In the same period Kennecott’s underground mine was converted into a vast open-pit mine, and as it grew, the communities were wiped out. A news article published in 1959 reported,
"Gradually the pit expanded. The Old Man of the Mountain, the great stone face on the hill between Sonora and Ray, disappeared one day in a thunder of dynamite. Bulldozers and shovels crawled all over it,” (quoted in Seefeldt, p. 28).
The open pit enveloped the towns. In 1958 some residents of the former communities of Sonora, Ray and Barcelona relocated to Kearny, a planned community created by a real estate developer under contract to Kennecott. Others moved to surrounding communities, including Hayden.
The developer, Galbraith, was in the business of purchasing company towns and redeveloping them as municipal entities, selling off lots and homes to individual residents. His company incorporated Hayden as an independent municipality in 1958. Galbreath also built the town of Kearny to provide housing for the displaced residents of Ray and Sonora; it was incorporated as an independent municipality in 1959.
In 1962 Kennecott sent eviction notices to the remaining 2700 residents of Ray and Sonora, with a warning to be out by December 1965. Parts of Kearny were still under construction, with 216 homes available. This was not enough to house the dislocated population, and some Sonoran families complained that they could not afford to buy one of the newly built Kearny homes (Seefeldt, pp. 29-30). In 1963 the Ray business district was destroyed. By 1965 an estimated 2,712 people had moved to Kearny, Hayden, and other mining communities in the region. In 1982 Kennecott closed its Hayden smelter, and in 1986 ASARCO purchased Kennecott’s Ray mine, consolidating its control over the region.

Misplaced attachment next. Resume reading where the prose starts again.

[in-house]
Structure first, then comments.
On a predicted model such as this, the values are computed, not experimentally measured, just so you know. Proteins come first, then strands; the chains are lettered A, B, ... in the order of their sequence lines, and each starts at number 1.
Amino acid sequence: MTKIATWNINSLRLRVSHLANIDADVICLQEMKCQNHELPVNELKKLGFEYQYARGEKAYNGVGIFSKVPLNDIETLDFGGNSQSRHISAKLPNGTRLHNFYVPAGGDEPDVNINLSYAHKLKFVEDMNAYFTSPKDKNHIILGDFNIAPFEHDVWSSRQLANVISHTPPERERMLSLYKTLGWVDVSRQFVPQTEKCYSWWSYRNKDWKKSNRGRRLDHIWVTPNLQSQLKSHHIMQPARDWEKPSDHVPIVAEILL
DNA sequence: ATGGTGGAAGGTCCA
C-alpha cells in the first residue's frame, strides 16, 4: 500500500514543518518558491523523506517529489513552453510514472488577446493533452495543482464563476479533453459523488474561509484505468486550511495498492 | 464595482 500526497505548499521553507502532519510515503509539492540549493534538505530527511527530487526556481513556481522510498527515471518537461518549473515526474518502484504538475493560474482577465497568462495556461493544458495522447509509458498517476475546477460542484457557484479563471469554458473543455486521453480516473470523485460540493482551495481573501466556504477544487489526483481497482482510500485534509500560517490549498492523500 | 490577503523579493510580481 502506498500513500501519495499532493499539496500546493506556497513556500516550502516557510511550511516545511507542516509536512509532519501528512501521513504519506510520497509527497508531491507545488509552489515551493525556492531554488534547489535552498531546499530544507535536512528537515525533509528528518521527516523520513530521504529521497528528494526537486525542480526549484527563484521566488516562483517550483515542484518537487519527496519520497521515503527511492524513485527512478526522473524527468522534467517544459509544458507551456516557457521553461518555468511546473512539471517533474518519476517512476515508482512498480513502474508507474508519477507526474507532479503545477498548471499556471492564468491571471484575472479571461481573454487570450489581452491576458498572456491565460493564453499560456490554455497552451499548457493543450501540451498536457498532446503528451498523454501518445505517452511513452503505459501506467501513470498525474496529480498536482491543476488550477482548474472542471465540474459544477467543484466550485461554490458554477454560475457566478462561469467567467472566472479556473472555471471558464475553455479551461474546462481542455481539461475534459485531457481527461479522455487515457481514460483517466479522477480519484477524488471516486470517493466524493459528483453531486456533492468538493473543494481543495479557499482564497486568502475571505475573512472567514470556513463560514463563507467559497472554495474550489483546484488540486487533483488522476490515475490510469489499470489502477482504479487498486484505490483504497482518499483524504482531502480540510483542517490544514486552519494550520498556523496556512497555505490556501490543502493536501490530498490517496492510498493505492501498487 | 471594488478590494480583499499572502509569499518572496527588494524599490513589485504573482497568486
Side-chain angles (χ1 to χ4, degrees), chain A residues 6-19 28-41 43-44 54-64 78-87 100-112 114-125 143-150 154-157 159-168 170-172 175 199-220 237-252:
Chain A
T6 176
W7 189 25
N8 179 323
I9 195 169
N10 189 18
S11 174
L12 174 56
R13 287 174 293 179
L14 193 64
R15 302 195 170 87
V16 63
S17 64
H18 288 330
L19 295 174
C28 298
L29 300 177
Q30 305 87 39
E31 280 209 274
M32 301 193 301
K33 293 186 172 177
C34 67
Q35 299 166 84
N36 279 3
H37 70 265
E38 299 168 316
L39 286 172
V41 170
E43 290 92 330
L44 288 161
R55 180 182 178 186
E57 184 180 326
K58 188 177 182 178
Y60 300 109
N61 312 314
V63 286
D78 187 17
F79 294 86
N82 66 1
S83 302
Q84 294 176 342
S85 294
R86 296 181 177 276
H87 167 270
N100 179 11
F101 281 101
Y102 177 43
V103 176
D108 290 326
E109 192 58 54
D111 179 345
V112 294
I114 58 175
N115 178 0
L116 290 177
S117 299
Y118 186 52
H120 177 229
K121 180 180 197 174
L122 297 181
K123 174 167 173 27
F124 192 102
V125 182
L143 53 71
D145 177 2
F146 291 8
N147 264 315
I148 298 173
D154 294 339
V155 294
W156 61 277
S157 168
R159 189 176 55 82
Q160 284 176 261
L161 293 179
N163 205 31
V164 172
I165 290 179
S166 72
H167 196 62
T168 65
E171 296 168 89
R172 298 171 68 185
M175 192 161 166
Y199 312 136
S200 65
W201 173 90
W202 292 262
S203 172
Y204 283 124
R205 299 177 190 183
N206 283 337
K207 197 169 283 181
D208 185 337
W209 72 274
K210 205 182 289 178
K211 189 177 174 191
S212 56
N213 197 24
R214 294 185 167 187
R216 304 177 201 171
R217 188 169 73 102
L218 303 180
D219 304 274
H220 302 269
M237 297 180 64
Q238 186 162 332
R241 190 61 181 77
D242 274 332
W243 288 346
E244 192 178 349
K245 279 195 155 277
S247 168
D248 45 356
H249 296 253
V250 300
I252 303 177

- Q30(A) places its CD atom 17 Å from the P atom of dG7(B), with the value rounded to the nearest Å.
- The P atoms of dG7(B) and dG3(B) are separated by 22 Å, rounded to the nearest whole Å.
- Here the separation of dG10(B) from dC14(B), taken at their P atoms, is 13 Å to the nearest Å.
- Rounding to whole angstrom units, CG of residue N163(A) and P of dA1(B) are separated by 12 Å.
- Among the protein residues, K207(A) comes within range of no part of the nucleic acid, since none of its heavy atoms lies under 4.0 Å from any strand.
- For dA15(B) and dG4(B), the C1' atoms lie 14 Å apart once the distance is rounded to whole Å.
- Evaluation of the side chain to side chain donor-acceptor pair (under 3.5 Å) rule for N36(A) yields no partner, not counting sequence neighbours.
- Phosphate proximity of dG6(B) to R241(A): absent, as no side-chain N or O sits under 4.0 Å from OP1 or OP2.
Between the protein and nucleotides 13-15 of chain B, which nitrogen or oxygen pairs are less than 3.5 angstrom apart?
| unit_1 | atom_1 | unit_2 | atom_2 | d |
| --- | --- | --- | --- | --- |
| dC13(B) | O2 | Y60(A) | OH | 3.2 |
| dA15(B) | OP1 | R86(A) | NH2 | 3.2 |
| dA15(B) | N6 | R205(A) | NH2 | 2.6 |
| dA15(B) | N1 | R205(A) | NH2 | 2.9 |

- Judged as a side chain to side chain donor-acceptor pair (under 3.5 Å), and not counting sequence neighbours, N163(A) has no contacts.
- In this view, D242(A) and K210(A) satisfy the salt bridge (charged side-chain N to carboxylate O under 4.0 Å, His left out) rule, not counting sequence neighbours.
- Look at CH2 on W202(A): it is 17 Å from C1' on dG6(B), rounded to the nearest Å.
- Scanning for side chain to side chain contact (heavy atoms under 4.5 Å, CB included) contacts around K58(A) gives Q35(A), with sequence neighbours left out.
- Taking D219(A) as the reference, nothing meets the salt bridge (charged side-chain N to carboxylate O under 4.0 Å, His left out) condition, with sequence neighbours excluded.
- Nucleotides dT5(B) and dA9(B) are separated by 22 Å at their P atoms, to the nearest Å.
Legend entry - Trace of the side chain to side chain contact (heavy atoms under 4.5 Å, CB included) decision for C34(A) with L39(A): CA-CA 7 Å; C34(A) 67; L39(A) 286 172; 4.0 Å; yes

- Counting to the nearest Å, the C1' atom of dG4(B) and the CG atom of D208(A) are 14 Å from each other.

Although the towns of Ray, Barcelona and Sonora have been engulfed by the vast open-pit Ray mine, memories of tight-knit community life persist. A former resident remembers what it was like to grow up in Sonora:
"When I was a kid, you could be on the other side of town doing something wrong and any older woman could scold you and you had to mind them. Everybody was your mother. You respected all the people there. When anybody was in some kind of trouble, all the people would pick up as much funds as necessary and help them (Susan Wootton, Copper Basin News, Sept. 1988).
Shaped by the serious and sometimes unforgiving demands of hard labor, industrial combat and deep patterns of race/class division, the Hayden-Ray area was, and continues to be, central to the production of copper in Arizona. Hayden, Winkleman and Kearny have maintained close community ties and pride in their labor/union traditions even while enduring dislocation and changes brought on by shifting patterns of ownership and corporate functioning.
Thanks to Frankie Olmos for permission to use photographs of Sonora.
Lopez, Leonor. Forever Sonora, Ray, Barcelona: A Labor of Love. n.d.
Seefeldt, Douglas. “Creating Kearny: Forging a Historical Identity for a Central Arizona Mining Community,” Faculty Publications, Department of History, University of Nebraska-Lincoln, 2005, http://digitalcommons.unl.edu/cgi/viewcontent.cgi?article=1025&context=historyfacpub
Teer, Johanna Seeley, “Hayden Takes Steps to Have Its Own Identity,” Copper Basin News, 1988 series.
Wootton, Susan. “Sonora Querida! Beloved Sonora,” Copper Basin News, 1988.
Sonora Photographs from the collection of Frankie and Chuy Olmos, Kearny, Arizona.